‘They don’t have to score to play well’: Archie Miller focuses on assists and defense with a finally healthy Indiana backcourt
In the same way that Rob Phinisee’s winning shot in 2018 signaled the arrival of the then-freshman guard, Franklin’s corner three against the Fighting Irish followed suit.
A closer look at the on-court lineup for Franklin’s clutch shot reveals less about the guard himself and more about what his coach envisions for the future of Indiana’s backcourt.
Crunch time during the Notre Dame win featured a three-guard lineup for the Hoosiers, with Al Durham, Devonte Green and Franklin all on the court for the decisive offensive play.
A three-guard lineup has long been a possibility, but rarely a reality, for Indiana this season due to injuries.
Whether it was Green’s hamstring or Phinisee’s ankle, Indiana has been denied a full complement of guards for most of the season, with the Notre Dame game being an exception.
Prior to the Crossroads Classic, Archie Miller outlined how he planned to use the four guards.
“I’ve taken some steps myself to meet with those guys as a quartet,” Miller said in his pre-Notre Dame media availability. “Our guard play isn’t so much about scoring as it is as much about ball handling and assist-to-turnovers. Right now if you look at our assist-to-turnover (ratio) as a group, it’s not where it needs to be as a backcourt that’s heading into the thick of Big Ten play.”
Against Notre Dame, Durham and Green both started and played 29 minutes. Franklin and Phinisee each came off the bench and played 14 and 15 minutes, respectively.
None of these players committed more than two turnovers (Durham) and all four recorded at least one assist.
A one-game sample size isn’t conclusive regarding how Miller will employ his four primary ball-handling guards this season, but now that they’re all at his disposal, Miller’s mental gears are churning.
Each of Indiana’s guard options offers something different, and more than ever before in his Indiana tenure, Miller is thinking about how to mix and match lineup combinations in the backcourt.
Durham has been a sporadic scorer in his first season as a team captain, failing to string together consecutive double-digit scoring games since mid-November. His 3-point shooting (39 percent for the season) has also been hit-or-miss, increasing the importance of his role as a fluid ball mover on offense.
Green’s streaky shooting has continued into his senior season. His 30-point output against Florida State seems like a distant memory, as Green has failed to score more than 11 points in any of Indiana’s last four games.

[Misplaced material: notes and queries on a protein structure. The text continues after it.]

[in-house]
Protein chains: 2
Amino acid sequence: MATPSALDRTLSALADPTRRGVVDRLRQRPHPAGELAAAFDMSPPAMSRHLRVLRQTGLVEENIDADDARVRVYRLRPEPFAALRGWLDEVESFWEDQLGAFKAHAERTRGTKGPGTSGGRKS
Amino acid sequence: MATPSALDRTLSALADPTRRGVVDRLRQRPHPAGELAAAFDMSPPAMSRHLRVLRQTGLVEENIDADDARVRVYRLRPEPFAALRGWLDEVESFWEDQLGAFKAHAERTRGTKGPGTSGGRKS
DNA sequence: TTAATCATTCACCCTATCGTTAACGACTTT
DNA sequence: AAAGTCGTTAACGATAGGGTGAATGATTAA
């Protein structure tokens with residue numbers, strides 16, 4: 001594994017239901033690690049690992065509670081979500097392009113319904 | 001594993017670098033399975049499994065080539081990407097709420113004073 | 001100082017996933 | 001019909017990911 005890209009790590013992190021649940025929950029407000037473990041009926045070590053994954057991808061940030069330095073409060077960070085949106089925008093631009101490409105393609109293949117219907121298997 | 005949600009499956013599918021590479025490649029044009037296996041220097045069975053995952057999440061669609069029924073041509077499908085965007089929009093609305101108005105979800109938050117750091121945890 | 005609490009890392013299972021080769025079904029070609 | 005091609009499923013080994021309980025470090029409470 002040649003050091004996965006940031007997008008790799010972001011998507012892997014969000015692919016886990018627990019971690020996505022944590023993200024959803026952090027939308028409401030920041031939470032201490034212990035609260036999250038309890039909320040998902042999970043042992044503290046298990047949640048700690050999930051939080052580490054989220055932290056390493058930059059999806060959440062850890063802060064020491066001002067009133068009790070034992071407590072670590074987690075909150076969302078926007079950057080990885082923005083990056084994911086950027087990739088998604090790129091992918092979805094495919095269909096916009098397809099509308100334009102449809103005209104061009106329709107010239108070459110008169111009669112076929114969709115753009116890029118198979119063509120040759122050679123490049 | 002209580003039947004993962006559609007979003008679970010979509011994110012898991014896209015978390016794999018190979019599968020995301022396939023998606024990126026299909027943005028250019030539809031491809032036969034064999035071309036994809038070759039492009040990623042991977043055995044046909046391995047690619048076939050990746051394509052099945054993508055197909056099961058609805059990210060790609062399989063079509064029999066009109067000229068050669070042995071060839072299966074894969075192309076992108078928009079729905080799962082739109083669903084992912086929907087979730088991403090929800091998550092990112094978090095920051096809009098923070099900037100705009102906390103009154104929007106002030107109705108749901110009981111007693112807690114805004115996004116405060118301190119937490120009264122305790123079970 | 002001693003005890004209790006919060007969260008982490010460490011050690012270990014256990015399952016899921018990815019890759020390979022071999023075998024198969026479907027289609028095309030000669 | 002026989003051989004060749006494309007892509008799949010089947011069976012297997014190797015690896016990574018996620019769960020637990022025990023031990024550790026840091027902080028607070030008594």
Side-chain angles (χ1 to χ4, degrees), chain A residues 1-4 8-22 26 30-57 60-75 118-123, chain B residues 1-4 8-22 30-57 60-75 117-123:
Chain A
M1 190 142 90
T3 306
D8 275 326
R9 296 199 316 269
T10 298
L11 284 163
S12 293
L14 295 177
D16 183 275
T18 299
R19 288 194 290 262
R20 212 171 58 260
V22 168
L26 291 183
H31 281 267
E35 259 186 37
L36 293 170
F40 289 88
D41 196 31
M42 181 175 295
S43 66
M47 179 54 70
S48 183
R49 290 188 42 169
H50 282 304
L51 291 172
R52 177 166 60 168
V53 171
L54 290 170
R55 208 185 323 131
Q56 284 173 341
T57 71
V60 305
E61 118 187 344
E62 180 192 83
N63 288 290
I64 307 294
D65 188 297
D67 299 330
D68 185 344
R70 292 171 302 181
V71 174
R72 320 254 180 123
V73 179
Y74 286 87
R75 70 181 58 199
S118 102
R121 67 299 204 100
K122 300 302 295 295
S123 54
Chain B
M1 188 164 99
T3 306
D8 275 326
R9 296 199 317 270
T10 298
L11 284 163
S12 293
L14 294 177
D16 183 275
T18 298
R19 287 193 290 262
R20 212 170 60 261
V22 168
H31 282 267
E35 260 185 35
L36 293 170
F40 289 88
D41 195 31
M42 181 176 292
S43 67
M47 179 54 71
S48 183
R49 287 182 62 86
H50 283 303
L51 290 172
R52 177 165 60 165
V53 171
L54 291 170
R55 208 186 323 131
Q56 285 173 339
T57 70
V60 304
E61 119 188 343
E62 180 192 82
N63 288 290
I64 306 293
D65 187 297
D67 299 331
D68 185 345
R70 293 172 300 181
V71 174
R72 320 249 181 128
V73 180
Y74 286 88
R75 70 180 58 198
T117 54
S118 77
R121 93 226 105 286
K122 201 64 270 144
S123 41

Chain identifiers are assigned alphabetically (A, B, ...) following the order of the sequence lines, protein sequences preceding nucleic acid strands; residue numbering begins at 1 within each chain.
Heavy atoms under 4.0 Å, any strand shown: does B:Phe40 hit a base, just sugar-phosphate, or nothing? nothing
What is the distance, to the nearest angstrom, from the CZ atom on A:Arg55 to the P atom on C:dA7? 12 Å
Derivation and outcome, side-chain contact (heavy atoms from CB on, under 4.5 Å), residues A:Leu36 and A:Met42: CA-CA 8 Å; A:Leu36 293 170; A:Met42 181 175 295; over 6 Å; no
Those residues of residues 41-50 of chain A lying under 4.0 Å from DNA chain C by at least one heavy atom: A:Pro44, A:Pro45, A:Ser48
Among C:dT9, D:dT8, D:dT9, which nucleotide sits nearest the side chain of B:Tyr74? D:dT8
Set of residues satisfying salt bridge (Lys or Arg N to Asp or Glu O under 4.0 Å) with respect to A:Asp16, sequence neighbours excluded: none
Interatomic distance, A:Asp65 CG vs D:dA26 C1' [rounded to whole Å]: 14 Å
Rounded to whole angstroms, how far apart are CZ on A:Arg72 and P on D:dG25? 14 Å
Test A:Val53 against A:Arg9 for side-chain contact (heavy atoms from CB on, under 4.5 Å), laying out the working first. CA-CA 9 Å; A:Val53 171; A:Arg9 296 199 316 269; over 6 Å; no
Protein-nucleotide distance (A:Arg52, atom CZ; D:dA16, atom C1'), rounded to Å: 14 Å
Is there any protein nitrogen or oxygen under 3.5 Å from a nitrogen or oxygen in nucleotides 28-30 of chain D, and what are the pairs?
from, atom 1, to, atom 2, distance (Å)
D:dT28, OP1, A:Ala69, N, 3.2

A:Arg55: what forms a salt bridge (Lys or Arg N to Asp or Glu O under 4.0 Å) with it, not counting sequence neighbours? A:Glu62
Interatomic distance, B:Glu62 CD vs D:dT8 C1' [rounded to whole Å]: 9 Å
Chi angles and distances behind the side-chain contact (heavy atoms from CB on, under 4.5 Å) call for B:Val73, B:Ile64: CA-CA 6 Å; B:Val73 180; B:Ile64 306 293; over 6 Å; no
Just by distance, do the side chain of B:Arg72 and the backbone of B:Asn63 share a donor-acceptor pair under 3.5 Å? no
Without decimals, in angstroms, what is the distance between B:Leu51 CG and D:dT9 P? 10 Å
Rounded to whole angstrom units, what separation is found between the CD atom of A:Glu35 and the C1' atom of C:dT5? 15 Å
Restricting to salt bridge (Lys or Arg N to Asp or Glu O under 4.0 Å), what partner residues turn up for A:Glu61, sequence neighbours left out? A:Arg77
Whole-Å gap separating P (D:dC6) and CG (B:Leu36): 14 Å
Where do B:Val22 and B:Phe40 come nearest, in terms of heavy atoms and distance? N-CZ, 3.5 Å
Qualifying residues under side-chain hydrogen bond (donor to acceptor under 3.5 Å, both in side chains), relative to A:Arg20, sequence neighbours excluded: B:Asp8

He remains a pesky defensive presence though, something Franklin has also displayed early in his career.
The freshman had a career-best 17 points in the Notre Dame win, and has shown a strong proficiency early in his college career for picking out the right pass and standing strong defensively.
Phinisee’s influence on this Indiana team has been the most limited of any of IU’s scholarship guards due to injury, as the sophomore has played in just seven games and still has strides to make with his conditioning.
Despite these differences, Miller’s directives have been aimed at the backcourt as a group, rather than as individuals.
“I’m just trying to get them to understand it doesn’t have a lot to do with the amount of shots or buckets that they get as much as it does with the other areas that they can contribute as a group, as a quartet,” Miller said.
“They don’t have to score to play well. That’s my message to them. Add that into the defensive side of the ball, we got to do a better job of holding our own in terms of defending the other team’s backcourt one-one-one.”
That last part of Miller’s reply will reveal itself in the coming weeks.
An inability to contain opposing guards, both off the dribble and on the perimeter, was the root cause of Indiana’s defensive woes against Nebraska.
A Notre Dame team happy to launch nearly 30 3-pointers, with minimal success, wasn’t the best test of Indiana’s defensive instincts at guard.
Plenty of Big Ten tests in the new year will provide opportunities for that, and along with them, a proper assessment of whether or not Indiana will return to the NCAA tournament.
“That doesn’t mean making threes and that doesn’t mean scoring a lot of points,” Miller said. “That means as a quartet, as a group, their floor game on offense, making guys better, assist-to-turnover (ratio), then their floor game on defense in terms of not only one-on-one, but a commitment as a group to defend the other team’s backcourt in a better fashion.”
In terms of what groupings Miller will piece together to try and realize these goals, that too will work itself out in the coming weeks.
While the end-of-game lineup against Notre Dame featured Durham, Franklin and Green, another variation of the three-guard set in the second half featured Phinisee instead of Franklin.
Miller said certain situations will dictate which three guards are on the court, and whether a three-guard lineup would be used at all.
He listed zone offense and pressure offense situations as scenarios which call for a smaller lineup, but admitted that most end-of-game situations will force Indiana to go bigger because of the way the Hoosiers play.
Regardless, Miller will remain focused on the areas of defense and assist-to-turnover ratio (Durham’s is 36-25, Franklin’s is 26-14, Green’s is 23-19 and Phinisee’s is 26-13) as the keys to the success of Indiana’s guards as a group, and consequently, Indiana as a team.
“If we’re winning, we’re going to get good guard play,” Miller said. “If we’re not winning, a big attribute to not winning is not getting good guard play.”